Sunday, September 16, 2012

Conversation 6 weeks before due date




Mo: So it appears we may be having a baby in a little over a month. Does it feel real to you?

Will: No. Not at all. I really cannot fathom it.

Mo: Doesn't feel real to me either.

[sit beside each other in silence on the couch for a bit]

...

Mo: Do you think that's how most first-time parents feel?

...

[silence]

Mo: Or do you think we're sort of fucked up because of our history?

...

Will: I think it's probably common, but I also think we're pretty fucked up.

...

Mo: Probably, huh? I guess it will feel more real after she gets here.

[sit beside each other in silence on the couch, holding hands]



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36 comments:

  1. Oh, yes! I remember this! It must be something which is common in IF-ers.

    Even after we hit viability, it was still hard to believe that we would actually get a baby at the end. We did not even start on our nursery until 3rd trimester.

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  2. It's not limited to just those who've struggled for conception and pregnancy. I don't think we really realized we were having a baby until we were in the hospital and realized, yup, now we really do have to pick a name, because soon they're going to come back in and want to know what to call her.

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  3. It's not just IF parents. I'm not (not bragging) and it's been unreal each time until they are waking me up in the middle of the night. And for the record, I read your blog to stop me from saying something truly retarded to the 3 family members and multiple friends struggling to start a family. Very informative and so very excited for you!

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  4. what a sweet moment between the two of you. A lot of life is improv, right. What couple is really prepared before the arrival of their first child? I was wager that no one is prepared. But ready or not, here she comes!!

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  5. I think it's impossible for anyone to get what living with a baby might be like until they're doing it....but, yeah, the shock factor has got to be bigger for you from how LONG it took to get here, with so many obstacles. I know for me, I was so focused on getting *pregnant* that it didn't quite stick that the goal was a baby *in my house* And then there he was!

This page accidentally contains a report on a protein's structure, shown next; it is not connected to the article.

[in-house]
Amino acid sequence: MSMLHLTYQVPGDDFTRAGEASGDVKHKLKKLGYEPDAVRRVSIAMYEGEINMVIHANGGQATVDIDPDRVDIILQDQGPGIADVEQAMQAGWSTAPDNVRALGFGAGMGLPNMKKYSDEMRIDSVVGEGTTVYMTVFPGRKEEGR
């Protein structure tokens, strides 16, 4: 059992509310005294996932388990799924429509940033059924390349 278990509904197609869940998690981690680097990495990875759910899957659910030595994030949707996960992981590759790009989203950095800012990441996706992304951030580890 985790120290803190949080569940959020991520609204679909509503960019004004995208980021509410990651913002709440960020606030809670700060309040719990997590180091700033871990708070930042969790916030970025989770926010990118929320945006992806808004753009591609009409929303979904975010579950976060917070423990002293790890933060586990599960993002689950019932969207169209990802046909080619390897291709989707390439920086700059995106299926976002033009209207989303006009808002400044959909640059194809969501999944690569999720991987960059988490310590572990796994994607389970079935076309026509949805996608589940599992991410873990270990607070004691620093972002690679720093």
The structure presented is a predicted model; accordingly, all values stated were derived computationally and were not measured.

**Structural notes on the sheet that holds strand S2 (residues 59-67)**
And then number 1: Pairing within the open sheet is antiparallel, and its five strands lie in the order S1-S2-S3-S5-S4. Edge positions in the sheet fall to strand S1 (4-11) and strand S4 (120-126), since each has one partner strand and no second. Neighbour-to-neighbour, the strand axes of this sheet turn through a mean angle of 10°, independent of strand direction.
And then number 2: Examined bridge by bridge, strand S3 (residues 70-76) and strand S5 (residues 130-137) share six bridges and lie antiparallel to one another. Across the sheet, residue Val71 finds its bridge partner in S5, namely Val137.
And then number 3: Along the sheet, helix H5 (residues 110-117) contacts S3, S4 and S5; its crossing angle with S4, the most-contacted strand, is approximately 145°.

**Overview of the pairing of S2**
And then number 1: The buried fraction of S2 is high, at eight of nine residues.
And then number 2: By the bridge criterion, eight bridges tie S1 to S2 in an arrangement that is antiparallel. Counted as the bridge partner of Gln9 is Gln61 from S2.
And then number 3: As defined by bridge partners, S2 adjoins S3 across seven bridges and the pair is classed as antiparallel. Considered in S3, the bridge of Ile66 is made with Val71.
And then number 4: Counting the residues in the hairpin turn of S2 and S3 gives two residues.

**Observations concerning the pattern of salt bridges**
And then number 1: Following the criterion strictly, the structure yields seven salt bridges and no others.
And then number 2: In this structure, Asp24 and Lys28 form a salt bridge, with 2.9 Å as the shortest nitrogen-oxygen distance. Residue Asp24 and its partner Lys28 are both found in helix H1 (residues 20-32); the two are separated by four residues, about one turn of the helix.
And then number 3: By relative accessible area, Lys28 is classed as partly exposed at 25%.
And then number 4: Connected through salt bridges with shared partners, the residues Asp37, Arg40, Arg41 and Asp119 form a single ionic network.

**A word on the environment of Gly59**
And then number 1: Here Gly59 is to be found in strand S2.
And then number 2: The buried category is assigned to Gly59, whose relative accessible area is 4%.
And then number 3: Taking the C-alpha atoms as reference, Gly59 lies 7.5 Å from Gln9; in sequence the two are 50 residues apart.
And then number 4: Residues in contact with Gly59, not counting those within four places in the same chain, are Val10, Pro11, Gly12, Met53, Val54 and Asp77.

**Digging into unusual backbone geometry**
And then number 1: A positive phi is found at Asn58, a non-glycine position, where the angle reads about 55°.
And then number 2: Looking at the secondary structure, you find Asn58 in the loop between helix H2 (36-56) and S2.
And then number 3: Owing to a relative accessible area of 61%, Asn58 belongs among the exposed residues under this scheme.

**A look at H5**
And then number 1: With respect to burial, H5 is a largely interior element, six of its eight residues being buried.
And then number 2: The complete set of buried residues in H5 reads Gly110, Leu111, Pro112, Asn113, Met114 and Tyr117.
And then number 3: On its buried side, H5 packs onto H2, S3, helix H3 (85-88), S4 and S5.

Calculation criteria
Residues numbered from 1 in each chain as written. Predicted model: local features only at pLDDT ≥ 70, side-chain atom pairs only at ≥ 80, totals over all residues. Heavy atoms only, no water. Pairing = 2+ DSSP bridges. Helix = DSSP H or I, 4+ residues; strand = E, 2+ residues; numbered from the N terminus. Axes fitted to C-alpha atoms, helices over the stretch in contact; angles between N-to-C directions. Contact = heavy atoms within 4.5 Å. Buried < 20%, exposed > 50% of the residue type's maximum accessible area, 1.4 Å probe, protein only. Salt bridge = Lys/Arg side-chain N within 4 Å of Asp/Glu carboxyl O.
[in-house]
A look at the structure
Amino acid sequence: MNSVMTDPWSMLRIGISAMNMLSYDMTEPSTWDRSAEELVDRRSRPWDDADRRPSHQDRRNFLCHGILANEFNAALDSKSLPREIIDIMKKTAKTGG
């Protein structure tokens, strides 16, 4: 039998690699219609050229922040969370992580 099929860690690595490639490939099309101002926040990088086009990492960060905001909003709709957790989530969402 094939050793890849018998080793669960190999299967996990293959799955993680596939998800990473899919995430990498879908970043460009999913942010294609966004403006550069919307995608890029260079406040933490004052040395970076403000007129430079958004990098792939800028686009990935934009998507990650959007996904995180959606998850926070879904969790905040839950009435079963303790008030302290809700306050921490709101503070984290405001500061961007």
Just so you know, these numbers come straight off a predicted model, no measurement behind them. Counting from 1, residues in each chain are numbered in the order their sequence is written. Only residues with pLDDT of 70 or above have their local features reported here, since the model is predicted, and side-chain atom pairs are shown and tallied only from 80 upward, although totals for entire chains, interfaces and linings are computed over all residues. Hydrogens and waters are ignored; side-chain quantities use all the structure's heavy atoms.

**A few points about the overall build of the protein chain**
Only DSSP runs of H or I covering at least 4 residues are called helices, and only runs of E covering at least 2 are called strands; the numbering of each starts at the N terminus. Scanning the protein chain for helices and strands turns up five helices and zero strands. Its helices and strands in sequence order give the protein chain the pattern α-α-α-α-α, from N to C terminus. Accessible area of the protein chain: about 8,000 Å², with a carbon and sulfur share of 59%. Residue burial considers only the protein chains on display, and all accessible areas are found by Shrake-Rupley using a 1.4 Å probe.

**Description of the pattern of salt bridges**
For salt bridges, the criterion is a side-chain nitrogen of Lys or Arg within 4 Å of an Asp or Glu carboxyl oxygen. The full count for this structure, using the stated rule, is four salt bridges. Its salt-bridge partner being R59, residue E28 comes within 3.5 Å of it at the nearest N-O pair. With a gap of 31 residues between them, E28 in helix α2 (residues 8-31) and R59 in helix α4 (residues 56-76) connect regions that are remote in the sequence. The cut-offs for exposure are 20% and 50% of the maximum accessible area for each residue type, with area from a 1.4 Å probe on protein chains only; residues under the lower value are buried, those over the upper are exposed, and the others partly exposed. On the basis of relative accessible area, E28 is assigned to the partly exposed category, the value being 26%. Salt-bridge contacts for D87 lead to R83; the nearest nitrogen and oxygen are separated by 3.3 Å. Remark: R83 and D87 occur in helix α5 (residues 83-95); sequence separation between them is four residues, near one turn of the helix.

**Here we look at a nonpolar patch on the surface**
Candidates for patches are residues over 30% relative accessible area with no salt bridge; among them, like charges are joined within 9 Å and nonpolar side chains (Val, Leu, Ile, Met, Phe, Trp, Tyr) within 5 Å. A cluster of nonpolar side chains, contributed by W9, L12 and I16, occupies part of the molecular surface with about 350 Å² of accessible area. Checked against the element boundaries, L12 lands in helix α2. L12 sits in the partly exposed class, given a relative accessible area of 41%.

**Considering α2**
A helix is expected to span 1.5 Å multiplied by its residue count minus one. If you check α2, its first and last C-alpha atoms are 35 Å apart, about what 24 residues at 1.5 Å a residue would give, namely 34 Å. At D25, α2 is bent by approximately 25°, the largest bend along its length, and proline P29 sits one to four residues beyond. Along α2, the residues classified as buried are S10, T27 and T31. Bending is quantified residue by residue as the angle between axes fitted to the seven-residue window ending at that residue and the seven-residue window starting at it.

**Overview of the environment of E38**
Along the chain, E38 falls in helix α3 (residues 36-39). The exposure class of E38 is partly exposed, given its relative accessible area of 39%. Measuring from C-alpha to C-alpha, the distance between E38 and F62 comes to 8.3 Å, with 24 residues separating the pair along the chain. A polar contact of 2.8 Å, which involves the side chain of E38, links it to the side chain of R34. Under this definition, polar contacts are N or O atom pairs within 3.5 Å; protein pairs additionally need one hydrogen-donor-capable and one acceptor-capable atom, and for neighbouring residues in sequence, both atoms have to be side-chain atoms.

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  6. Very sweet.

    Then she will show up and rock your world sideways. Once you recover, you will wonder what it was like before she was there.

    Very bizarre.

    Six wks - may they fly!

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  7. Such a poignant and sweet and melancholy and awesome moment you've captured. May your daughter bring you many such moments of bewilderment and amazement in the years to come. :)

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  8. For me it sunk in the second the doc told me I could start pushing. I panicked and changed my mind (as if it's possible at that point). I remember crying "but Im not ready to be a mom I don't know what I'm doing" the doc just chuckled and said a lot of moms get that way when it's pushing time. Don't you worry when that little baby is in your arms it fill definitely feel real. And there is no possible way to imagine or dream up how awesome the feeling will be. I can't wait until you're in the mommy club! You've pressed on when others would have given up- and now you're getting ready to meet your little one! Congrats:)

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  9. Infertility or not, there is an unknown about first time parenting that can't be planned for. Sure, you've seen, heard, and read about others doing it, but it is just not the same as having a real life newborn placed in your arms and then in an infant carrier and then home with you. There isn't a primer for it. Yes, you are battle scarred and battle weary and your struggle will always be a part of your story. But, it will not be center stage once she is here. What will be is, "what do we DO with her?" :)